Participants in this study had extensive NRTI resistance. Despite this, there was substantial residual NRTI activity, and, by week  96, the WHO-recommended regimen of a boosted PI and two NRTIs was as good as the alternative regimen of a boosted PI and raltegravir, and better than PI monotherapy.  It is worth pointing out that although “good HIV disease control” was achieved in only 60% of study participants in the NRTI arm, this composite outcome required study participants to have had a CD4 count ≥250 cells per mm3 at week 96.  The 60% achieving “good HIV disease control” in the NRTI arm therefore reflects the low baseline CD4 cell counts (median CD4 count 72) at the time of switch to second-line therapy rather than treatment efficacy with regard to virologic suppression (VL<400 copies/ml), which was achieved in some 86% of people.

Further research will be needed to determine whether this second-line regimen continues to be effective in maintaining good HIV disease control through virologic suppression in the longer term.  

HIV Treatment
Africa
Kenya, Malawi, Uganda, Zambia, Zimbabwe
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Home initiation of ART may be valuable addition to services to achieve universal access to treatment

Effect of optional home initiation of HIV care following HIV self-testing on antiretroviral therapy initiation among adults in Malawi: a randomized clinical trial

MacPherson P, Lalloo DG, Webb EL, Maheswaran H, Choko AT, Makombe SD, Butterworth AE, van Oosterhout JJ, Desmond N, Thindwa D, Squire SB, Hayes RJ, Corbett EL Journal of the American Medical Association. 2014 Jul 23-30;312(4):372-9. doi: 10.1001/jama.2014.6493.

Importance: Self-testing for HIV infection may contribute to early diagnosis of HIV, but without necessarily increasing antiretroviral therapy (ART) initiation.

Objective: To investigate whether offering optional home initiation of HIV care after HIV self-testing might increase demand for ART initiation, compared with HIV self-testing accompanied by facility-based services only.

Design, setting, and participants: Cluster randomized trial conducted in Blantyre, Malawi, between January 30 and November 5, 2012, using restricted 1:1 randomization of 14 community health worker catchment areas. Participants were all adult (≥16 years) residents (n = 16 660) who received access to home HIV self-testing through resident volunteers. This was a second-stage randomization of clusters allocated to the HIV self-testing group of a parent trial.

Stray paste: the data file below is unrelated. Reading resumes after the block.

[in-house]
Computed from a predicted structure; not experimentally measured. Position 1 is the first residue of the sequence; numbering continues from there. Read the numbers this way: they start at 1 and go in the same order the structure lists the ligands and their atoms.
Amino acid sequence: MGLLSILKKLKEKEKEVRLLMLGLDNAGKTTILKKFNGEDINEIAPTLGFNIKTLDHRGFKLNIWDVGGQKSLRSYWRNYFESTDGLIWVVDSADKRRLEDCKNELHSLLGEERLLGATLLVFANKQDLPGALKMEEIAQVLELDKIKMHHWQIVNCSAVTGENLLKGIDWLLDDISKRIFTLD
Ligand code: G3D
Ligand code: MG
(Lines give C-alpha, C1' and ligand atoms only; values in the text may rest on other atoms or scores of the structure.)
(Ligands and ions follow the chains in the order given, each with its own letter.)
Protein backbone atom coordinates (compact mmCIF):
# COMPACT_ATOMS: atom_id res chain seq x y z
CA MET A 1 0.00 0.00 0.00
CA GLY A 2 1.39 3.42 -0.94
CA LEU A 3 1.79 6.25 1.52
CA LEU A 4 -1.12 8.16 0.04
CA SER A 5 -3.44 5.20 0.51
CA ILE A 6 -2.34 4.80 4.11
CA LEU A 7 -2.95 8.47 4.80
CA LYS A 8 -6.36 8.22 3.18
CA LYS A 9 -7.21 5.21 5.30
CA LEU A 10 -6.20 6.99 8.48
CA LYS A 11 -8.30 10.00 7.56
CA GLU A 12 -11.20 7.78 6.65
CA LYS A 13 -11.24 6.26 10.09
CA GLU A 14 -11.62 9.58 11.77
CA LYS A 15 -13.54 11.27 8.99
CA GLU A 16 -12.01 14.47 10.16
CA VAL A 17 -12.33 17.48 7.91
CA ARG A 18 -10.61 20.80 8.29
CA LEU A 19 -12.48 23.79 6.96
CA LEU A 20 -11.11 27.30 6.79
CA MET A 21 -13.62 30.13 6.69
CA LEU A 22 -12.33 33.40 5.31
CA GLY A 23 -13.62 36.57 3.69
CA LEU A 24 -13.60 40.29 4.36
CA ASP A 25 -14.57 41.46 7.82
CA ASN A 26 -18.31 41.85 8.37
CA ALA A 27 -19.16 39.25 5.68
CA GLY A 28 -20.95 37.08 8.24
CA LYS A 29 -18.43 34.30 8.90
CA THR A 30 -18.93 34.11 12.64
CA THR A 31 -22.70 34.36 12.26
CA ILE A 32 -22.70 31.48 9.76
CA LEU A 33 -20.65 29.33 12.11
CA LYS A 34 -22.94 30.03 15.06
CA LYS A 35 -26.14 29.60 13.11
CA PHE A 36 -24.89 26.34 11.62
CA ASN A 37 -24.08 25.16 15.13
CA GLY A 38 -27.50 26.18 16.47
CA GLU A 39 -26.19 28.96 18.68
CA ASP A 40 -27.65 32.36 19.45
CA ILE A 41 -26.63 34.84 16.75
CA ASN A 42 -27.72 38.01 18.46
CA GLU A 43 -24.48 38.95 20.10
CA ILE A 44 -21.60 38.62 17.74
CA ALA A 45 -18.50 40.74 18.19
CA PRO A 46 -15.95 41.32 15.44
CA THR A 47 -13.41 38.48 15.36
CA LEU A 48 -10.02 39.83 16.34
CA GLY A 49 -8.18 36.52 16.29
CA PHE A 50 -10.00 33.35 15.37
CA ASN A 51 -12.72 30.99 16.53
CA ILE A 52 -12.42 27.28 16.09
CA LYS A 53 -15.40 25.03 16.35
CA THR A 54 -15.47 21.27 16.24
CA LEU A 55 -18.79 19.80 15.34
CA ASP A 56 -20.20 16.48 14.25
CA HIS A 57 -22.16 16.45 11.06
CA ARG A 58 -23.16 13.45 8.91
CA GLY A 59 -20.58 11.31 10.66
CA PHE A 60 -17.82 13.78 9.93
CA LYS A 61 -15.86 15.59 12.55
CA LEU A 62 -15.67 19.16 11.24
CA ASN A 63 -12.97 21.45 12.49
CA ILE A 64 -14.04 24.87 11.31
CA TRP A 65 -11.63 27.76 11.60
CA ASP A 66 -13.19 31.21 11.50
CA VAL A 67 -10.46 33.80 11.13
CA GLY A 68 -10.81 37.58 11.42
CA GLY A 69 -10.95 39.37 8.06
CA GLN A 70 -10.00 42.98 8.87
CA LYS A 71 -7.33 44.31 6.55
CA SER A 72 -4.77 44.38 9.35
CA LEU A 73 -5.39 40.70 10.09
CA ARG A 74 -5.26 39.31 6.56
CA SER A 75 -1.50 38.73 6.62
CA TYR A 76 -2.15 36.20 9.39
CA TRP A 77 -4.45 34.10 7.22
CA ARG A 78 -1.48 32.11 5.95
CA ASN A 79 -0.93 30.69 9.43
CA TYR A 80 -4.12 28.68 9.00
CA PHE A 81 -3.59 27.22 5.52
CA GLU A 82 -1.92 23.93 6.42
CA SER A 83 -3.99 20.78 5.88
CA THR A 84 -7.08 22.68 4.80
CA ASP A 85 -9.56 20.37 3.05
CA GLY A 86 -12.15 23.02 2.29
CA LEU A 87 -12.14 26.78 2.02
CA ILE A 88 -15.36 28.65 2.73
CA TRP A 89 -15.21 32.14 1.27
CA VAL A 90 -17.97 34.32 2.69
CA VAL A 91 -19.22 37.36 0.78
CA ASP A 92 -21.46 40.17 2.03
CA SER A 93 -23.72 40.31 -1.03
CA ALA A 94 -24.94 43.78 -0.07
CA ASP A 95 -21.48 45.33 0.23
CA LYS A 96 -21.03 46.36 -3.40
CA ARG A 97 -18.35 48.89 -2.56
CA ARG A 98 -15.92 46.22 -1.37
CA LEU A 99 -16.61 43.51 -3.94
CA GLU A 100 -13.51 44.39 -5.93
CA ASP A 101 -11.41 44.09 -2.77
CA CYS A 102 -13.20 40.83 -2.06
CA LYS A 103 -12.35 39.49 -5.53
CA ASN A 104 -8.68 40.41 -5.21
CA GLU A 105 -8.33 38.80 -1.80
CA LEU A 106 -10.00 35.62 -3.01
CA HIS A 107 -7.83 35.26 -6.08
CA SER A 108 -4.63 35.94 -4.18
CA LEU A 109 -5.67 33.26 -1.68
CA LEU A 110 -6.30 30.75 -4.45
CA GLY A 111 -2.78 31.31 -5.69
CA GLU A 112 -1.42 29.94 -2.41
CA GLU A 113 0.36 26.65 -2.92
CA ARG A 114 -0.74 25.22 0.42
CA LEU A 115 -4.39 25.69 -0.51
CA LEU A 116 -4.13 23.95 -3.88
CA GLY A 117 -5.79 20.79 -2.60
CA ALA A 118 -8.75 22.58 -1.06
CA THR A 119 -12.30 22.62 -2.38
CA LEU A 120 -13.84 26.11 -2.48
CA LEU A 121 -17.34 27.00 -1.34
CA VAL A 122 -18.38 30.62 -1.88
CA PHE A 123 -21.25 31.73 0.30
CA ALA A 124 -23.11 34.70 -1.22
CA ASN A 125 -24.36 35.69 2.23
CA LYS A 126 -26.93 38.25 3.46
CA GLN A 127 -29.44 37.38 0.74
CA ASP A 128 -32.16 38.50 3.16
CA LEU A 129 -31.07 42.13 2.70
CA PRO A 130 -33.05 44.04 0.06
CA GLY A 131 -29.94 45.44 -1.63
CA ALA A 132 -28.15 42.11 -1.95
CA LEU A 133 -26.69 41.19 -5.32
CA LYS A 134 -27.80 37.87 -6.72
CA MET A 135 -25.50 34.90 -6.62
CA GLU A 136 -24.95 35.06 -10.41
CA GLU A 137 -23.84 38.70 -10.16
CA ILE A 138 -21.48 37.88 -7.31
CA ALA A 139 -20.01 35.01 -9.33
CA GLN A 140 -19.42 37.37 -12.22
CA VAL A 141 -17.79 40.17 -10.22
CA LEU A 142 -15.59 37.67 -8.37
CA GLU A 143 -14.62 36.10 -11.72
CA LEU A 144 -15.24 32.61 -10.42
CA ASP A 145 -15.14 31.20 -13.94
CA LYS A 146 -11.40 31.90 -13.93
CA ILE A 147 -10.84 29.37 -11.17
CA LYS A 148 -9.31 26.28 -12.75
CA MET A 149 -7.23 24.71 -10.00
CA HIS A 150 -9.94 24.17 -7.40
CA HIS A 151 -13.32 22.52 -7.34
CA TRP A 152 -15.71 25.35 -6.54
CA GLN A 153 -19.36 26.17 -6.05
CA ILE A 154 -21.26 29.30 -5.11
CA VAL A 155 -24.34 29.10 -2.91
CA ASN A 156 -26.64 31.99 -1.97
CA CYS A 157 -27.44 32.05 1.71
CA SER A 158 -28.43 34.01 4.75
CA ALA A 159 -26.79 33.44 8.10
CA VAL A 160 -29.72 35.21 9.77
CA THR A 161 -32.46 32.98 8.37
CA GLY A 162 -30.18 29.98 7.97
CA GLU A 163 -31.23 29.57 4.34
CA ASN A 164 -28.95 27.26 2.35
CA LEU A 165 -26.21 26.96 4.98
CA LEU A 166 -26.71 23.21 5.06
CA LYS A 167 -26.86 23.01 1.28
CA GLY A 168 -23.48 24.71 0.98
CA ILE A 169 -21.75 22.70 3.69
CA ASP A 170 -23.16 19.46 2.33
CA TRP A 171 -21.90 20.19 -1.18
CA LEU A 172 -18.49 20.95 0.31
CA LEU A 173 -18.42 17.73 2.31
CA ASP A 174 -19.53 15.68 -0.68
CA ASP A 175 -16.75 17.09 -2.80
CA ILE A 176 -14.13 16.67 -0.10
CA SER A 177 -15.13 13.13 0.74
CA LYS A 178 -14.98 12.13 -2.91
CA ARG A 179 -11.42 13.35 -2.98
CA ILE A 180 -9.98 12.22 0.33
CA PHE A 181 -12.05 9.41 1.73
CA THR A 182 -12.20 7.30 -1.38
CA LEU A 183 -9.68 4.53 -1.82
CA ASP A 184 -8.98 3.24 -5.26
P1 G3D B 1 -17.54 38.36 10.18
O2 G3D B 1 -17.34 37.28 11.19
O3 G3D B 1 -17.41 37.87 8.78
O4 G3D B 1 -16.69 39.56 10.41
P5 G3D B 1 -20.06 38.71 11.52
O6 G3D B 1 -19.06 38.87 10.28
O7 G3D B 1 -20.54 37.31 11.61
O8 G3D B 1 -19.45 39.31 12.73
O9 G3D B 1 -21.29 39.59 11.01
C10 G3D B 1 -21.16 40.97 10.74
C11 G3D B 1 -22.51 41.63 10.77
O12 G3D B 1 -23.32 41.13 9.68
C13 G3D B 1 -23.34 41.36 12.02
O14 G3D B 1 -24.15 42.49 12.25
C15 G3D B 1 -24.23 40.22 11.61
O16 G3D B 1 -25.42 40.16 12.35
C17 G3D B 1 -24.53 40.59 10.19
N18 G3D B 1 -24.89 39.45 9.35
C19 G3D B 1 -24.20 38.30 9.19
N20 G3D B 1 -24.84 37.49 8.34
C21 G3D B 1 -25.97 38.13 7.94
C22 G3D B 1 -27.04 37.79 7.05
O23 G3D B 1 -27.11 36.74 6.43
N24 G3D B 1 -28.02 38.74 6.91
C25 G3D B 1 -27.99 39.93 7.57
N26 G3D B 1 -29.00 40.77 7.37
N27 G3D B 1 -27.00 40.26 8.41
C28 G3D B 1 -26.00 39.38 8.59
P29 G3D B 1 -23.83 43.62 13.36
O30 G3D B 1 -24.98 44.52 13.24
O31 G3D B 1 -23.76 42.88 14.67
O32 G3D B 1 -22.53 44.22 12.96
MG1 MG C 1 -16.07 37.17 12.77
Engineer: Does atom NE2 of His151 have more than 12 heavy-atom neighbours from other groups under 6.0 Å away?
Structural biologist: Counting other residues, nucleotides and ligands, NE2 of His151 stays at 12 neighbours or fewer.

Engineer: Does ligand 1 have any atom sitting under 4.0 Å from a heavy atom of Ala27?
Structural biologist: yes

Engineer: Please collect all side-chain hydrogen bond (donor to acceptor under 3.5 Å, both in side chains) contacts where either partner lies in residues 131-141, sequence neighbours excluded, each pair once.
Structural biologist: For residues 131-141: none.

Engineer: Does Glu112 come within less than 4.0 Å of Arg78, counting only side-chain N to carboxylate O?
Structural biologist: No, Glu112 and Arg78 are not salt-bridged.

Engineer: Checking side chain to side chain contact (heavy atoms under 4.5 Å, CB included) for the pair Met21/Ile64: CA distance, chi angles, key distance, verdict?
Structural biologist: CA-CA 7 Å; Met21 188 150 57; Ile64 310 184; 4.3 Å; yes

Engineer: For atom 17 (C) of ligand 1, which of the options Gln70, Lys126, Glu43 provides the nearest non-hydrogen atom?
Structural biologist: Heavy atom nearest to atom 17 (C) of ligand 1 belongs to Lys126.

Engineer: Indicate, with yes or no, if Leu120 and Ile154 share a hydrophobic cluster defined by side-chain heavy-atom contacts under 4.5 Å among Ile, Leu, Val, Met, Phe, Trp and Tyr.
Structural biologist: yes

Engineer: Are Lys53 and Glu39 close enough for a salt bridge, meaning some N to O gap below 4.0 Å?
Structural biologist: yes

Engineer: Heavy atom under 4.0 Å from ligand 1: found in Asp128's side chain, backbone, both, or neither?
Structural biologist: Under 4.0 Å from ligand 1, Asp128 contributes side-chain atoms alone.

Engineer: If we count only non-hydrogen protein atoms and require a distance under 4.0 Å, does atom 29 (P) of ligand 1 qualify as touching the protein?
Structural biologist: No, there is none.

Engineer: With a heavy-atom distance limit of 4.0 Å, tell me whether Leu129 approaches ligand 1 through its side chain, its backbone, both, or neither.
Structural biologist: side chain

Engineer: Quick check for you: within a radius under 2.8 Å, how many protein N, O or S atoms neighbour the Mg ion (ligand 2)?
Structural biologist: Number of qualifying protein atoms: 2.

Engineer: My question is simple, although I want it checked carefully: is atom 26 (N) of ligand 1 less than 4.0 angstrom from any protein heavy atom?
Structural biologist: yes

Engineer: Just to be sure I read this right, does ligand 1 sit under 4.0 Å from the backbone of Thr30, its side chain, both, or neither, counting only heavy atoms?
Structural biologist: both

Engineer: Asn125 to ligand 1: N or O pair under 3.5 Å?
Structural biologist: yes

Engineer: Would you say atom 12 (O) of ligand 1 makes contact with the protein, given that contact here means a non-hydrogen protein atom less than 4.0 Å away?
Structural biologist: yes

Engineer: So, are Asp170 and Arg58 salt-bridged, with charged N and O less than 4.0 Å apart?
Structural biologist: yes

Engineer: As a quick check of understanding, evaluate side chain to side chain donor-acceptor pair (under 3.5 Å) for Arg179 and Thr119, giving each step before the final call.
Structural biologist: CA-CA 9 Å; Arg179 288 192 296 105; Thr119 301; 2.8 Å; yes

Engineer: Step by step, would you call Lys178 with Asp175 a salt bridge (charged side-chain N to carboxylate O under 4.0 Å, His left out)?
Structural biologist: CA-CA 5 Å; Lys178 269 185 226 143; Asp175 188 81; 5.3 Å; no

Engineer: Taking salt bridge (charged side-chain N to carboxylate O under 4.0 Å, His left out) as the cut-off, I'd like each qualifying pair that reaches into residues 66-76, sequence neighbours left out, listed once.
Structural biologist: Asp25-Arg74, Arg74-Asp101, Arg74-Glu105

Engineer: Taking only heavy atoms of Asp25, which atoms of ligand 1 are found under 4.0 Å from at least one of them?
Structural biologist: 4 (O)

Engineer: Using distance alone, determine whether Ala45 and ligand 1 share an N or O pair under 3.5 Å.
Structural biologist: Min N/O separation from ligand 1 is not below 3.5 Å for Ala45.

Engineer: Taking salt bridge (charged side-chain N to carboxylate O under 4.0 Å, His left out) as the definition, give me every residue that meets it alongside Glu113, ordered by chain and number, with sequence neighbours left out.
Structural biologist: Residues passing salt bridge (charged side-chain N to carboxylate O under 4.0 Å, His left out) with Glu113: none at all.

Interventions: Clusters were randomly allocated to facility-based care or optional home initiation of HIV care (including 2 weeks of ART if eligible) for participants reporting positive HIV self-test results.

Main outcomes and measures: The pre-planned primary outcome compared between groups the proportion of all adult residents who initiated ART within the first 6 months of HIV self-testing availability. Secondary outcomes were uptake of HIV self-testing, reporting of positive HIV self-test results, and rates of loss from ART at 6 months.

Results: A significantly greater proportion of adults in the home group initiated ART (181/8 194, 2.2%) compared with the facility group (63/8 466, 0.7%; risk ratio [RR], 2.94, 95% CI, 2.10-4.12; P < .001). Uptake of HIV self-testing was high in both the home (5 287/8 194, 64.9%) and facility groups (4 433/8 466, 52.7%; RR, 1.23; 95% CI, 0.96-1.58; P = .10). Significantly more adults reported positive HIV self-test results in the home group (490/8 194 [6.0%] vs the facility group,   278/8 466 [3.3%]; RR, 1.86; 95% CI, 1.16-2.97; P = .006). After 6 months, 52 of 181 ART initiators (28.7%) and 15 of 63 ART initiators (23.8%) in the home and facility groups, respectively, were lost from ART (adjusted incidence rate ratio, 1.18; 95% CI, 0.62-2.25, P = .57).

Conclusions and relevance: Among Malawian adults offered HIV self-testing, optional home initiation of care compared with standard HIV care resulted in a significant increase in the proportion of adults initiating ART.

Abstract  Full-text [free] access